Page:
In an effort to prevent the spread of coronavirus (COVID-19), LPS will be closed from Monday, March 16, 2020 through Friday, April 17, 2020.More Information About the Closure...
Con el fin de prevenir la propagación del coronavirus (COVID-19), LPS cerrará el lunes 16 de marzo de 2020 hasta el viernes 17 de abril de 2020.Más información sobre el cierre...
Increasing costs and Colorado’s inability to fund schools to blame
At a workshop prior to its regularly scheduled meeting October 24, 2019, the Littleton Public Schools Board of Education was presented with the budget outlook for the 2020-2021 school year. The message? LPS is facing a $4 million deficit and must make cuts.
LPS has faced general fund budget cuts in the past, and many of the reasons for the cuts are the same today as they were then.
How we got here:
During the workshop, the Board discussed how costs in special education have increased rapidly due to the increase in the number of students served as well as the significance of their needs. This is not unique to LPS; special education costs are increasing across the state. Increases to salaries and benefits have stayed within budget, but those costs continue to rise with no increase in revenue to cover them. Transportation costs are also on the rise.
What we are doing:
LPS is looking for savings everywhere possible at the district level. However, because 85% of LPS’ general fund budget goes toward people (salaries and benefits), it’s impossible to cut millions from the general fund budget without cutting positions. The goal is to keep cuts away from the classroom as much as possible and to protect services in safety, security and mental health.
As part of this process, all employees have been asked to submit ideas to the district finance office for consideration. “We’ve gotten some great ideas from employees, and all of them are being considered,” said LPS Assistant Superintendent of Business Services/Chief Financial Officer Diane Doney. Some of the ideas brought forward from employees include eliminating bus transportation service for high school students, reducing transportation for athletics, replacing grass with Xeriscape, reducing teacher training, increasing facility rental fees, increasing student athletic fees, charging transportation fees and exploring a four-day school week.
The Board noted it is not interested in charging families for transportation or going to a four-day school week to find savings at this time.
Local tax increases have helped bridge the funding gap in many school districts, including LPS.
Other districts in Colorado are facing similar general fund budget cuts, especially those districts that have not passed a local mill levy override election in recent years. A mill levy override is a local property tax increase approved by local voters. The additional property taxes are applied to the school district’s general fund and can be used for ongoing costs such as salaries, benefits, curriculum, programs, mental health, etc. Voter approval of a local mill levy override is the only way to increase the general fund without the help of the Colorado Legislature.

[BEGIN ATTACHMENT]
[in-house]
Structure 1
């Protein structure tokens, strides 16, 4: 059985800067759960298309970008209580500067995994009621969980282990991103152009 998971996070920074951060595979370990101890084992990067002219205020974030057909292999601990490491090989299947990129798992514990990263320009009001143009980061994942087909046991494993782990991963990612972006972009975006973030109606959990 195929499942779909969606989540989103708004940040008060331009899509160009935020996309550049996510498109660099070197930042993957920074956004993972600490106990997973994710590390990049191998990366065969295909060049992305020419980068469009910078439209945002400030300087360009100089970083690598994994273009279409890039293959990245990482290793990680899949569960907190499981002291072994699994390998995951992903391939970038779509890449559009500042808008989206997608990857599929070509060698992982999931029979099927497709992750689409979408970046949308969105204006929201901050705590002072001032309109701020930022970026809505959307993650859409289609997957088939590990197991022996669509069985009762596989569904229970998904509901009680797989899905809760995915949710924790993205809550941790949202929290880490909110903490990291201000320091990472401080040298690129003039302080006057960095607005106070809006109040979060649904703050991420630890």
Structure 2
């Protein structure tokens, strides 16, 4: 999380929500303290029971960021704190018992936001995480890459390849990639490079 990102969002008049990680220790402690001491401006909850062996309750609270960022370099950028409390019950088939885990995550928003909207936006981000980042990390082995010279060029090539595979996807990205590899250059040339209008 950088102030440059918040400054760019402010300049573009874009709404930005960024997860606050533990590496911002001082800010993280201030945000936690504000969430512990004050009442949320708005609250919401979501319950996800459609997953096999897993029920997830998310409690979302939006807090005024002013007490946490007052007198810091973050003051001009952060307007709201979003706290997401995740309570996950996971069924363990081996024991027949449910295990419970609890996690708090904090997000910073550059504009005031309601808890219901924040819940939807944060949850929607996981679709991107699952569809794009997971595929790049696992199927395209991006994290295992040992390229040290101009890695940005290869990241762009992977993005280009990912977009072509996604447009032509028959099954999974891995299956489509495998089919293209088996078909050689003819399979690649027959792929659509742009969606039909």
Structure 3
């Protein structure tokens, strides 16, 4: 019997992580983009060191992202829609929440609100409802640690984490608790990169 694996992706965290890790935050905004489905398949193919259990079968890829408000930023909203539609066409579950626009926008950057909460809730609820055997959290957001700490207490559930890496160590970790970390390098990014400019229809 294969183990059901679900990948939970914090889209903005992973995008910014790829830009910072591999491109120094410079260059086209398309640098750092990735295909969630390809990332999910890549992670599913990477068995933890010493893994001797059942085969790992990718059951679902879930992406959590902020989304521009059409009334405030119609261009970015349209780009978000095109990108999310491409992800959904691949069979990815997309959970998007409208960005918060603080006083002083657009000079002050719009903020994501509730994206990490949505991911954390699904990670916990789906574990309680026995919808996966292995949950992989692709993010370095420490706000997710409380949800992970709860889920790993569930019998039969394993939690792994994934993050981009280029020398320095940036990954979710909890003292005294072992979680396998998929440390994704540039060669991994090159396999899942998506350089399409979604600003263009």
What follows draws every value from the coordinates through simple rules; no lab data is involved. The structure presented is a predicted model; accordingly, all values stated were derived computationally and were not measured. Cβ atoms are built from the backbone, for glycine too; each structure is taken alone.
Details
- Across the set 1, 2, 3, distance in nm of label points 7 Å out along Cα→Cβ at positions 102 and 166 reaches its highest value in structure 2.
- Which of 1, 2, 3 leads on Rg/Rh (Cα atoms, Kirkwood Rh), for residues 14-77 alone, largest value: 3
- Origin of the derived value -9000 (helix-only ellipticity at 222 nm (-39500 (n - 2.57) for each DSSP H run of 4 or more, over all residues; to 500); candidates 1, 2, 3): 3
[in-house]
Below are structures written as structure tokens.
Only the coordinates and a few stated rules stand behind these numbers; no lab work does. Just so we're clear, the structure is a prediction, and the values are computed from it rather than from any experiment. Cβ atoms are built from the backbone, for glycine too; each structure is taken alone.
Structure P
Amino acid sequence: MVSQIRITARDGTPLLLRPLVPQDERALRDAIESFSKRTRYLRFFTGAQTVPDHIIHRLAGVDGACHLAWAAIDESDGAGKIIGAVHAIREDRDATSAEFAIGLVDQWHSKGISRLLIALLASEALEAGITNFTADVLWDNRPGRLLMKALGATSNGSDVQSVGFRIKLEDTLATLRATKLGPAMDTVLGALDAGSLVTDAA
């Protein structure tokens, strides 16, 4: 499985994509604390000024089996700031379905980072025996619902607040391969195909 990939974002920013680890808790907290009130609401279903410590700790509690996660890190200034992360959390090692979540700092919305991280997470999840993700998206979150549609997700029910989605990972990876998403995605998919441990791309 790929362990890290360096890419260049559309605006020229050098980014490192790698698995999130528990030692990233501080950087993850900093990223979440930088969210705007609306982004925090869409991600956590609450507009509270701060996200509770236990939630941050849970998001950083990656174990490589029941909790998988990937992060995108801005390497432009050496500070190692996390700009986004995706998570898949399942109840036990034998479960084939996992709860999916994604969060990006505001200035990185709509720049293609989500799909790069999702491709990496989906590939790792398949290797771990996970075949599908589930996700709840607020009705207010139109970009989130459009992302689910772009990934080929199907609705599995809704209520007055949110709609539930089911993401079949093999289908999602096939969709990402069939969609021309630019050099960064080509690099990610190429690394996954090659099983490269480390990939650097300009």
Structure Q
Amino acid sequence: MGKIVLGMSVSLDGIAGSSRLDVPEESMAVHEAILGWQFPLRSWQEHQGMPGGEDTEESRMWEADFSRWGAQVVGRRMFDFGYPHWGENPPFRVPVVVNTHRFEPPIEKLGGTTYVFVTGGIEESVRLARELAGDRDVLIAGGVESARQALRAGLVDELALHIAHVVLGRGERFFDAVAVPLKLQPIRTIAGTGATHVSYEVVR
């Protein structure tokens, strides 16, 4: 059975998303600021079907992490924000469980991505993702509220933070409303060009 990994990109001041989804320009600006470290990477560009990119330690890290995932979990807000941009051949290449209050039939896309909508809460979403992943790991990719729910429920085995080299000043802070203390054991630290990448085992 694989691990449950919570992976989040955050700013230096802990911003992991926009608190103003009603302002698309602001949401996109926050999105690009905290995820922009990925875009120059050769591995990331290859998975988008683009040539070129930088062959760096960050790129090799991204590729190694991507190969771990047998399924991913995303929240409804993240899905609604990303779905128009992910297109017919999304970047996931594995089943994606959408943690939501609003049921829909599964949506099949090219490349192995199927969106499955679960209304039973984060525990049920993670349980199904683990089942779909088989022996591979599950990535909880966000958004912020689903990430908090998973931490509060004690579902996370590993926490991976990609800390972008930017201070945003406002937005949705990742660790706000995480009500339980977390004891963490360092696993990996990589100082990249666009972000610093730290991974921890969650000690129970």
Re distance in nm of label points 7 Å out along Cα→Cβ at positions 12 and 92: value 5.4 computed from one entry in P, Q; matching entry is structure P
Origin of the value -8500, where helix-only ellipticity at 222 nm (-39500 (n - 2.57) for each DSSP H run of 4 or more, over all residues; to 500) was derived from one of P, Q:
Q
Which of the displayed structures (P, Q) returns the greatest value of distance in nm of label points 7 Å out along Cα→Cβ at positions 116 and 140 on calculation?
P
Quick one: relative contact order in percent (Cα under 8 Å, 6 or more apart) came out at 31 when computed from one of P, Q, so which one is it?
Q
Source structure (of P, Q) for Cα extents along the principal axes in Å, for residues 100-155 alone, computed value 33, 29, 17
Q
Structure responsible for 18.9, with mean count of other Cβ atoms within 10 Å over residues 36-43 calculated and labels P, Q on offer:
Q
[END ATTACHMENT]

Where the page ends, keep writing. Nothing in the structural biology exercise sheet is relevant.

LPS voters passed a mill levy override in 2010, which helped stabilize the district following drastic general fund budget cuts totalling $14 million caused by the recession and Colorado’s inability to properly fund its public schools under Amendment 23. Ten years later, the Negative Factor is still withholding hundreds of millions in state funds from public schools and Colorado remains ranked at the bottom in state funding for its public schools.
Simply put, until now, LPS has been able to absorb increasing costs to the general fund with 2010 mill levy override funds, but it cannot do so any longer. Funds from the 2010 override have been depleted.
It’s important to remember that the $298 million bond passed by LPS voters last fall cannot help the general fund. By Colorado statute, bond funds can only be spent on capital expenses, such as facility repairs, upgrades, construction, grounds maintenance, Americans With Disabilities Act modifications, electrical, plumbing, etc.
The Board will continue its budget discussion throughout the rest of the fall semester. Decisions regarding budget cuts will likely be made by the end of December 2019.
LPS is running out of options to keep core functions of the district operating at the level the LPS community expects and deserves. Solutions can and will be found, but none of those solutions are what we would choose to do in better financial times.“We wish our budget situation was different. These are big money issues we have to wrestle with,” said LPS Board of Education President Jack Reutzel. “I’m happy for the many voices in the room. We need all of our best thinking.”
“We will find solutions,” said LPS Superintendent Brian Ewert. “We will get more clarity in the next month.”